The frightening thing is that even though Alice is uniquely vulnerable the truth is there are really no safe zones where we can escape climate impacts. We are all – all of us on the planet – in this together and we have to take responsibility of our energy generation and use both for ourselves and for everyone else who we share this world with.

 

I hope that 2017 is a year for real leadership on climate action in the NT. It hardly bears thinking about what will happen if it is not.

 

PHOTOS: Protesters burying their heads in the sand to show their disagreement with Australia’s climate policies in 2014 • Some of the impact of Hurricane Otto, photographed by Pip Varela Kelly, the writer’s sister • NASA graphic showing we passed 400 parts per million of carbon dioxide in the atmosphere.

 

To donate to the Hurricane Otto relief in Bijagua please head to

https://www.gofundme.com/hurricane-otto-bijagua

 

p2389-alex-kelly-nasa

 

 

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14 Comments (starting with the most recent)

NB: If you want to reply to a previous comment, start your comment with this notation: @n where n is the number of the comment you want to reply to.
  1. John Bell
    Posted December 23, 2016 at 7:45 am

    Alex. No worries mate. All reasonable people agree with you that we need to look after Mother Earth for future generations.
    The debate on how to tackle the problems we all face is railroaded by the emotive silliness of the expression “climate change” and the even sillier expression “climate change denialist”.
    It automatically divides us all into two opposing camps, Believers and Infidels when 98% of us all agree on one thing: We need to look after Mother Earth.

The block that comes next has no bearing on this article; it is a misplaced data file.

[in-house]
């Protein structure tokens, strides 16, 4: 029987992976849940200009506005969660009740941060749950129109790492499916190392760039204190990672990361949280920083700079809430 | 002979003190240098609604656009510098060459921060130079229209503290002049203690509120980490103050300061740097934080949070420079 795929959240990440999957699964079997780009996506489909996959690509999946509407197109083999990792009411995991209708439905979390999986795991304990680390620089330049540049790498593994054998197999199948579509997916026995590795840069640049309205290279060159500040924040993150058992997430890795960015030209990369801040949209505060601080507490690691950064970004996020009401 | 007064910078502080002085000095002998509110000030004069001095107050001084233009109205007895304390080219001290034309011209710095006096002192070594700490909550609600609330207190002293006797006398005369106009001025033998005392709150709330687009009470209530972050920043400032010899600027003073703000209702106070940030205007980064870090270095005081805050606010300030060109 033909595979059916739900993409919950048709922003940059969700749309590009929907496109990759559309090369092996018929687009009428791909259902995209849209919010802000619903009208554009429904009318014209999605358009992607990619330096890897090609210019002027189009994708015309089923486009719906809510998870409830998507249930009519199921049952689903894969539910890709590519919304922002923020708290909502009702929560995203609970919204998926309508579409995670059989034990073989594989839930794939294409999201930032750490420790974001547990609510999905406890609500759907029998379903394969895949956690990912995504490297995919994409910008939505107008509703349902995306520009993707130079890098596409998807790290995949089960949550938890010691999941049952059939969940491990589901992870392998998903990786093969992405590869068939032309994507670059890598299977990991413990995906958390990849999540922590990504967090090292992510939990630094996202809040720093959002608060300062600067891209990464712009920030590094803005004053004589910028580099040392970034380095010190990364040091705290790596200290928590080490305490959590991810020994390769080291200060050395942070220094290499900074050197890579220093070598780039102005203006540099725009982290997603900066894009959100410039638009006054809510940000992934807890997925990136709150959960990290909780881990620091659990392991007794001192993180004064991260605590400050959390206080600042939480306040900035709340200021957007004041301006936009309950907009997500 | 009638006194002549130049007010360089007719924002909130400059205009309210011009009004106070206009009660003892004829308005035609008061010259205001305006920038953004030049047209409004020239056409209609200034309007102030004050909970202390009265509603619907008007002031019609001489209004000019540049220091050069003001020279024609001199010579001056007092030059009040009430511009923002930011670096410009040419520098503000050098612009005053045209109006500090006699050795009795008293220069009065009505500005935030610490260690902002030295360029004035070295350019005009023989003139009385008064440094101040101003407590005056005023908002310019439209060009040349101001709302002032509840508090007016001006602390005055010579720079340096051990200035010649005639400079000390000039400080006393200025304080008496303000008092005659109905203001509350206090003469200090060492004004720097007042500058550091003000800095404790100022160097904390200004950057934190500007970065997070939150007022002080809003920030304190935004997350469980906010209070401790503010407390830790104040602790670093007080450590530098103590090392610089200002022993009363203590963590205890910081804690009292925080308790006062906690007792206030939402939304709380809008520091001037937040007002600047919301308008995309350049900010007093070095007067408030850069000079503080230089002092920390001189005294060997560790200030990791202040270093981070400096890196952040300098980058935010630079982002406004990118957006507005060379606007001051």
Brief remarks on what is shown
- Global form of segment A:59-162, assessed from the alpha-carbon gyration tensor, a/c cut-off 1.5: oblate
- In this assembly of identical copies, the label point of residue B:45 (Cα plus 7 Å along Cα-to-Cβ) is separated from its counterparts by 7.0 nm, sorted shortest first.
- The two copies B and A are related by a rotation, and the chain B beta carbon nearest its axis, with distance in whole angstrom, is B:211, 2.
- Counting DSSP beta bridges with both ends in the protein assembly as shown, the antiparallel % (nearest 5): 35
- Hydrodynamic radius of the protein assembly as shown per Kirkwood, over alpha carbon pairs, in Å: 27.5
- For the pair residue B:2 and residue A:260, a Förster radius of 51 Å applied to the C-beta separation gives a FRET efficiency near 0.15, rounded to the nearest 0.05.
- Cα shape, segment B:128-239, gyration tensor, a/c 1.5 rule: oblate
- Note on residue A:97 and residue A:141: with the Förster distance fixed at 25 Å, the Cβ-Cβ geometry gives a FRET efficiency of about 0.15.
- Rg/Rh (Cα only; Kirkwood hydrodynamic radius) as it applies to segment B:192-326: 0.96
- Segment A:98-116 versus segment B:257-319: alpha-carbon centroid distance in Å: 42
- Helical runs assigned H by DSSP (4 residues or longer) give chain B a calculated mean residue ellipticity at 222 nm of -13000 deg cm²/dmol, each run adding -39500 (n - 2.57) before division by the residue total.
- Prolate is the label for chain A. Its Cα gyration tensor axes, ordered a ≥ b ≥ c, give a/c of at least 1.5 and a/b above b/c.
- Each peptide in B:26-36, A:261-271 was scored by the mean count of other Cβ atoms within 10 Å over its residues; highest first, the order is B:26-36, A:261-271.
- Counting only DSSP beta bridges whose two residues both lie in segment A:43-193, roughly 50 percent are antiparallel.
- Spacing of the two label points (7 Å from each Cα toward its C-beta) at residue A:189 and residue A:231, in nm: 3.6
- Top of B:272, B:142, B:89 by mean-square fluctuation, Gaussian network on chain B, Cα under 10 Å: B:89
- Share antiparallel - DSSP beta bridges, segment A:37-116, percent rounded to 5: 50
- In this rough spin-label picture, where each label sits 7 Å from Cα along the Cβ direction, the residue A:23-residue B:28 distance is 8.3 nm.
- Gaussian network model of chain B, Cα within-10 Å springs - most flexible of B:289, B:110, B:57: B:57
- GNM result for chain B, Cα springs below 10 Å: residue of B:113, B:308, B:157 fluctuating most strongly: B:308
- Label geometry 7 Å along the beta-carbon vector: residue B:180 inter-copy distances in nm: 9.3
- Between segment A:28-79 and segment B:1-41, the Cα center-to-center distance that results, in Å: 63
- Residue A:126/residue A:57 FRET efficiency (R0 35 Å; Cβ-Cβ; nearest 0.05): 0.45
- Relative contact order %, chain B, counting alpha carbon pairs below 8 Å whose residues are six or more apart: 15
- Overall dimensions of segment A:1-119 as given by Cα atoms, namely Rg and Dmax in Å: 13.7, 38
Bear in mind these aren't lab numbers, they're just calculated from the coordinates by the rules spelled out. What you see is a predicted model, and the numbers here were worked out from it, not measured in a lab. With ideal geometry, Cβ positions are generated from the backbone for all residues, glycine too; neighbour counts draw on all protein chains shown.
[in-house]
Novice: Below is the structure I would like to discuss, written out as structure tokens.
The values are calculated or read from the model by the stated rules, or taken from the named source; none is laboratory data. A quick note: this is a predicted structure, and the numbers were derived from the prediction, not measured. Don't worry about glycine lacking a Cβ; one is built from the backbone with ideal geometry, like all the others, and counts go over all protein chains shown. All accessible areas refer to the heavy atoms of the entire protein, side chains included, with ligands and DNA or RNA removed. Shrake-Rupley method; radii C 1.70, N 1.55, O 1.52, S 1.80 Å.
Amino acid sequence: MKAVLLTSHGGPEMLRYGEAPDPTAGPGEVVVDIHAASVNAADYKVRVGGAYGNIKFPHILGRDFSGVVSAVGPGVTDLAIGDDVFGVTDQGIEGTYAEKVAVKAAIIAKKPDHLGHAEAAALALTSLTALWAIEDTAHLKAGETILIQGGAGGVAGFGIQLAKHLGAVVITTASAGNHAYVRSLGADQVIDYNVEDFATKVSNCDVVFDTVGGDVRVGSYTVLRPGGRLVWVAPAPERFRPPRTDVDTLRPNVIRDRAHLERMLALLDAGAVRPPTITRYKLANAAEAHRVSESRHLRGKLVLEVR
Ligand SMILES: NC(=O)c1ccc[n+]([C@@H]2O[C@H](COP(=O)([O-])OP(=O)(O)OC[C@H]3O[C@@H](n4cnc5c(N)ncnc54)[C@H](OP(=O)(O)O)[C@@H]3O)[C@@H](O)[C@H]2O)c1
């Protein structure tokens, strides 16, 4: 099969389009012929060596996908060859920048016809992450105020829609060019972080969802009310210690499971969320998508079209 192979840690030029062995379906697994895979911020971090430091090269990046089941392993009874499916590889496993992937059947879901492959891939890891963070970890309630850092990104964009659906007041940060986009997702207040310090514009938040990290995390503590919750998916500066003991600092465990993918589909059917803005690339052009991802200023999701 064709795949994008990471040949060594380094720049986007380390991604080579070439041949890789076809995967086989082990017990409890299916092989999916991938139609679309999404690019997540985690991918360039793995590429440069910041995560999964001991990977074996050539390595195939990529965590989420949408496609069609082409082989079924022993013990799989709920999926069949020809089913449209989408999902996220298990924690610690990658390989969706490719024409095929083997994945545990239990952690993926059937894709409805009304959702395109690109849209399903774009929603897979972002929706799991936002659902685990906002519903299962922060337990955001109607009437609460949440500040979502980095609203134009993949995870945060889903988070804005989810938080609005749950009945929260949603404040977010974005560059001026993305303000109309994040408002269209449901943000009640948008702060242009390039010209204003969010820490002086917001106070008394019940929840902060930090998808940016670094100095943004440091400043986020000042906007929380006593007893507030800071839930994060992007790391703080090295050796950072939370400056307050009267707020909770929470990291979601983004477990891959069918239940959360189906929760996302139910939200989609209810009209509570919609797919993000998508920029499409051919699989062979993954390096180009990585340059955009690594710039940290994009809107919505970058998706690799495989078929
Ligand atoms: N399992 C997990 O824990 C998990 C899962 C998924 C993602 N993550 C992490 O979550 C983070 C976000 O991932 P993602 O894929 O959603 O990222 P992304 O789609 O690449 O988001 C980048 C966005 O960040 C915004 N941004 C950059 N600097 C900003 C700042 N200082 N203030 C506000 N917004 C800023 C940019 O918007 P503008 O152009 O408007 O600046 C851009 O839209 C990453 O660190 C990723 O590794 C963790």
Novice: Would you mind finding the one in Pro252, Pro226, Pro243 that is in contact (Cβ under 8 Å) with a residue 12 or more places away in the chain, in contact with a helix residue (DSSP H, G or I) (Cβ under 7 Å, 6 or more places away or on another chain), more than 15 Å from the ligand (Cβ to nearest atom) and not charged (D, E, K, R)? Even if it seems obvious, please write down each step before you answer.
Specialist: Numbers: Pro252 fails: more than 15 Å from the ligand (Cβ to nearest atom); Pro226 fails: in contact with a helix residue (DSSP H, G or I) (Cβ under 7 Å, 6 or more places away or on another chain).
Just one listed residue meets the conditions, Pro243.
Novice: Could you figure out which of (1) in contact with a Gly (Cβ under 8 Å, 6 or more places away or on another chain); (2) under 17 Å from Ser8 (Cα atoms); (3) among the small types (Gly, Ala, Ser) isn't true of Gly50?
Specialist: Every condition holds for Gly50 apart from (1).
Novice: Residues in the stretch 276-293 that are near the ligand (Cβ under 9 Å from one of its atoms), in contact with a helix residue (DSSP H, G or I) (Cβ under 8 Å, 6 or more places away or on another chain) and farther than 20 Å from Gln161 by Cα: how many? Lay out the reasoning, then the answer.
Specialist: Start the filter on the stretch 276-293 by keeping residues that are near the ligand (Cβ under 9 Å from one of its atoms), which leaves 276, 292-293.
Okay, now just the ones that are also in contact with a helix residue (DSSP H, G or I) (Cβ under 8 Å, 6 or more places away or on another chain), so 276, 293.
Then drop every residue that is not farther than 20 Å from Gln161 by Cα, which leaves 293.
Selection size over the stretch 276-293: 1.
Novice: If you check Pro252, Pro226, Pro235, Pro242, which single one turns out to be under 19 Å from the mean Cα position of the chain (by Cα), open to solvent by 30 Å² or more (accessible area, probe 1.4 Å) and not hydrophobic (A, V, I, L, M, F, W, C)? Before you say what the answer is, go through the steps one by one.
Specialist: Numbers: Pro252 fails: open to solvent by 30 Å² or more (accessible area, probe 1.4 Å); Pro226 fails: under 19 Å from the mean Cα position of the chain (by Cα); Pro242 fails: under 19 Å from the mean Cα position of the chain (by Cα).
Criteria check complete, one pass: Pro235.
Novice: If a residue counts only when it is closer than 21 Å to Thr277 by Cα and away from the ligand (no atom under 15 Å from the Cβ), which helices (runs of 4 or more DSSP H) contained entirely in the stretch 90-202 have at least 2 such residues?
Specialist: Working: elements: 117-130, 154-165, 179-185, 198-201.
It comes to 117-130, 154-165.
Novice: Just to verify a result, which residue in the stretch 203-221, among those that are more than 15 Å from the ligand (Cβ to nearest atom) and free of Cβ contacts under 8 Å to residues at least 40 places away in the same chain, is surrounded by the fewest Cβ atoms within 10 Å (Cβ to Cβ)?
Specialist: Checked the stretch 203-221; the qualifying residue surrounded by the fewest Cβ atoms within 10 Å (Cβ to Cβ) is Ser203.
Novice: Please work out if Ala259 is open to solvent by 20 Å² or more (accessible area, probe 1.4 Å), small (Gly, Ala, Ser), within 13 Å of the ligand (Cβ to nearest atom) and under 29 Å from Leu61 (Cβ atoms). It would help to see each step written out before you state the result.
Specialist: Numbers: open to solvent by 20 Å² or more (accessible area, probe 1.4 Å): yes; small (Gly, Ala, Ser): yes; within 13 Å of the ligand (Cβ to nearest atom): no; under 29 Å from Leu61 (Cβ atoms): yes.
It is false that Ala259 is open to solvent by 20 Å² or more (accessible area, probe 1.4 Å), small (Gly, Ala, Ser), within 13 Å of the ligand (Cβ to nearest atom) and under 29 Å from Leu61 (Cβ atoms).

There is bugger all popular rational focus and a serious lack of balanced focus within the scientific community in the debate on the percentage balance between anthropogenic causes and natural causes.
    The SA government has embraced the extreme end of the “climate change” camp philosophy and has been very foolish to charge into this renewables policy madness the way it has.
    Only in an affluent first world country can a government assume the Armageddon position so fanatically, so arrogantly and so stupidly to this extent.
    Perhaps the looming outages at the new Adelaide oval this night cricket summer will “fuel” the emotive debate further.
    Alex. I wish you and all people in both camps a very Happy Christmas.
    Hope the weather is good on Christmas day – and Boxing day for the Test. And the Sydney to Hobart.

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  2. Trevor Shiell
    Posted December 22, 2016 at 10:52 am

    Most of us may not have noticed the move by Mac Bank on Central Petroleum this week (our supplier of gas).
    They (Mac Bank) don’t create millionaires out of philosophy, but are well aware of the fact that Victoria is about to import gas from overseas some of which may find its way to SA as electricity. Watch this space.